We created a bright start with the Icelandic tune “Dyravisor”, presented by the trumpet. After one presentation of the melody cello and piano join in a mostly accompanying manner. Voice made some phrases of counter melody. Both cello and voice also had the melody at some point and trumpet played a bit with the motives while piano made some harmonies. It became a quite rhythmical part, but still very calm.

For the next part, we wanted more intensity. Shostakovich was introduced by cello in a solo part. We all took the phrase and played in a big canon. We used different registers and changed on being “in front” of the canon. It created a lot of action and sound before the cello again created a solo transition with taking a simple rhythm and changing notes.

In Grieg’s “part” the voice mostly sings the original melody (with pitch and rhythm changes). Here we wanted to create another image of sound started and this part without music, only beating the rhythm introduced by cello on our instruments, creating the mood of what will follow.  Then everybody joined one by one. This was more or less a dialogue between voice and piano. It would be likely to work more with this part. There was a need to change the original melody and improvise something on top, but it was difficult and a bit scary to do it and not disturb the melodic line. However, we believe the transitions from Shostakovich to Grieg and further to Debussy work quite well.  

With a metric modulation from the cello going from C and G to only G, we moved to the fourth part which was an improvisation over Debussy’s Reverie. The piano made the syncopated bassline from D in the beginning before showing its’ origin from Bb where voice and trumpet presented the melody. Then the piano went back to D alternating on C, and the cello made an improvisation. The syncopated bassline made it difficult to stay with the one, but also created a part with much flow.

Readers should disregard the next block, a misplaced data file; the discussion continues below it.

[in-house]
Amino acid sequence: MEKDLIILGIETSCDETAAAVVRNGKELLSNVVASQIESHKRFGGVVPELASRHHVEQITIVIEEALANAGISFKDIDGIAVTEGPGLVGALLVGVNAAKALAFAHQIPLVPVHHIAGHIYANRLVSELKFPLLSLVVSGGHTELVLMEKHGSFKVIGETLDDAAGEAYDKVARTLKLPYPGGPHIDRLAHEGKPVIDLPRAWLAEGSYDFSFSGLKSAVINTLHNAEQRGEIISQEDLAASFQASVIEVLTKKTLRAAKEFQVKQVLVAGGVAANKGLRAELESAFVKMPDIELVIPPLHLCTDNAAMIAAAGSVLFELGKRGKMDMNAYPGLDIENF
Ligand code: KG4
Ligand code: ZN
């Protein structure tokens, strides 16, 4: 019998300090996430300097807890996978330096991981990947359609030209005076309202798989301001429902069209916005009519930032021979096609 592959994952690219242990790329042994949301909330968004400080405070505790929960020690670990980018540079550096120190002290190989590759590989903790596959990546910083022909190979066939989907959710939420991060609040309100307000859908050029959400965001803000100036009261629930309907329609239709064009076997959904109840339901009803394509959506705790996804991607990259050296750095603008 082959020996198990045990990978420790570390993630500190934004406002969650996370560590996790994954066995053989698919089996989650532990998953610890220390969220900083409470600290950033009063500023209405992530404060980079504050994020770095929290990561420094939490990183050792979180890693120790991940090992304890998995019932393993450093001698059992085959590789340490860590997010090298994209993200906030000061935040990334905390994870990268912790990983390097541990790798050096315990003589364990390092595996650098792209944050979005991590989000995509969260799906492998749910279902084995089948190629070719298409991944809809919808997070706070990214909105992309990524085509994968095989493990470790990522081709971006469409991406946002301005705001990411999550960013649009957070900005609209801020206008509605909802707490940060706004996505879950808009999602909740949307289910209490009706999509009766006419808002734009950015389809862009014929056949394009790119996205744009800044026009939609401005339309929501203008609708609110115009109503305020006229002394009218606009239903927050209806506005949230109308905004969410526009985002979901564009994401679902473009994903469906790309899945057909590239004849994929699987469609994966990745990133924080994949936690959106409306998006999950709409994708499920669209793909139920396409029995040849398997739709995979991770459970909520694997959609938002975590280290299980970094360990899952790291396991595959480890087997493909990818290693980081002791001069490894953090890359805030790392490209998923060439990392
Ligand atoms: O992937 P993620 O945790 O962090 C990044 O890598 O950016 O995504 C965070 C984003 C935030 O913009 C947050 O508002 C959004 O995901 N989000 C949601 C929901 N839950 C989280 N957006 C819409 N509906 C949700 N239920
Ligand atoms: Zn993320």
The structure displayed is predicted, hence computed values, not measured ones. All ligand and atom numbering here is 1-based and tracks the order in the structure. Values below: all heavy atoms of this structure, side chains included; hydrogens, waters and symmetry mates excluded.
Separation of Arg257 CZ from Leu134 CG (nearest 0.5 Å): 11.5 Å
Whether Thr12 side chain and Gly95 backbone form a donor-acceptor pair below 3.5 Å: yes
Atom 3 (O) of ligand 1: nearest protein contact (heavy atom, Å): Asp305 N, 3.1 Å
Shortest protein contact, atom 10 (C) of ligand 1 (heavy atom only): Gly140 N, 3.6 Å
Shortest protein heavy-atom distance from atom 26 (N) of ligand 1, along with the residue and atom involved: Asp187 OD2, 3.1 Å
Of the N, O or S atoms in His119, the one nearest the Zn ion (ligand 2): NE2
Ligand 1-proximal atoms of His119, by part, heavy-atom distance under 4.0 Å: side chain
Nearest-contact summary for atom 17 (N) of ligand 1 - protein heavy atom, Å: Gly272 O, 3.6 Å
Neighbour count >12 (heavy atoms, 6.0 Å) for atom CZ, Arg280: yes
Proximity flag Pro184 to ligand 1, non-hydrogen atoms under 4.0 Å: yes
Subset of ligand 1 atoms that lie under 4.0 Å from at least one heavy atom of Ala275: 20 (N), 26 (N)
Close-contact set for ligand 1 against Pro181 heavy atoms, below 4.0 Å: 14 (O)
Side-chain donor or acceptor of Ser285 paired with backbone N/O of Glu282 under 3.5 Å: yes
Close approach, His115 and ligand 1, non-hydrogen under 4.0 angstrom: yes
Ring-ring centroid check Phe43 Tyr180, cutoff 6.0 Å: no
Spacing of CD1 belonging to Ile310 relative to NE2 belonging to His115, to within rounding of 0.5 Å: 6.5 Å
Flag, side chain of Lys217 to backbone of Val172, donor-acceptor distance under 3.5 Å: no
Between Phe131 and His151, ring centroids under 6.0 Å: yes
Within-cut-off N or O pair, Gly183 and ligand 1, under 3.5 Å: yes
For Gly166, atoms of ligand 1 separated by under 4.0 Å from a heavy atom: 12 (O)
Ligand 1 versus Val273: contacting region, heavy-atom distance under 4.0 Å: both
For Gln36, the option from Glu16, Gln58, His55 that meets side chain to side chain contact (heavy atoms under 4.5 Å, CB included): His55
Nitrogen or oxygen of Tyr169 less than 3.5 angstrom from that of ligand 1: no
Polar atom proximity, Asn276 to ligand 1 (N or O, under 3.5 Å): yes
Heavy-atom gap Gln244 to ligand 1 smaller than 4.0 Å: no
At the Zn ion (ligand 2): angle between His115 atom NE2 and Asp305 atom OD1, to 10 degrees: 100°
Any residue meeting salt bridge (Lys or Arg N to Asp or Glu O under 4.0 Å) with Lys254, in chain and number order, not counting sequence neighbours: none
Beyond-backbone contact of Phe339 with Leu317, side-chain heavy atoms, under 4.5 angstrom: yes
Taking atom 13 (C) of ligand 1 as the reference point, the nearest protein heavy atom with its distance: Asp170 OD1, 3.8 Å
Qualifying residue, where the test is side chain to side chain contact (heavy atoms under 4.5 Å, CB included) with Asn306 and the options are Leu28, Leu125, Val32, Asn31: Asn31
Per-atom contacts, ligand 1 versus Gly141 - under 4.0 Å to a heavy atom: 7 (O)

To complete the circle, we wanted to go back to the beginning. With the syncopated line already alternating on C we made a mixolydian scale that took us back to the “Dyravisor” which ended the piece with great energy.

Through this piece, we present the complicated moment of seeing an old friend who you don't speak with anymore because of a past difficult situation. Small talks, kind looks and patience is required. The conversation leads to a dynamic ''we need to speak.'' What are the two girls hiding?Their past is being faced through a small improvisation based on Greek orthodox music and Gregorian chant that connects in the end.With the trombone in the role of a soloist as well as a supporting role, reacting to the girls’ conversation, the atmosphere of the piece gets many different characters.The piece ends with a climax where the girl who didn't want to talk anymore says that she has something to say and the other one this time reacts with: it's not necessary.

The story is based on the story of Little Red Riding Hood and starts in the first scene with baking cookies. This is heard in the very light and fun musical scene. Then follows the scene in the forest. This is marked by the entrance of the oboe playing bird sounds. Here you can hear the sounds of nature. The trombone plays a transition to the third part, which describes the big bad wolf. We wanted to build a sustained tension and suspense, which transitions to the final movement where the wolf is being killed. At the very end, we hear a bass drum entrance which kills the ensemble sound and brings the memories of the beginning soundscape, which concludes the whole piece.

The Cookies Collective is a very diverse ensemble consisting of João Silva – baritone, Hella Termeulen – mezzo, Arturo den Hartog – counter tenor, Kamilė Makarevičiūtė – trombone, Vilde Lervik – oboe, Gonçalo Martins – percussion and João Brito – percussion. As the instruments have very different characteristics, it required a bit of attention to create a good blend of the sounds and to bring the instruments together as a whole. We therefore took three sessions to create a nice soundscape and get to know each other in a musical way. We were inspired by the first scene of baking cookies and therefore named the ensemble the cookies collective.

“This is the kind of collaborative project where everything comes together: compositional thinking, active control over musical material, improvisational skills, a great command of ones instrument/voice, and above all deep listening! This year’s batch of students did it again!”
Karst de Jong - Professor of Improvisation and Collaborative Music Creation, Royal Conservatoire of Den Haag and YST Conservatory Singapore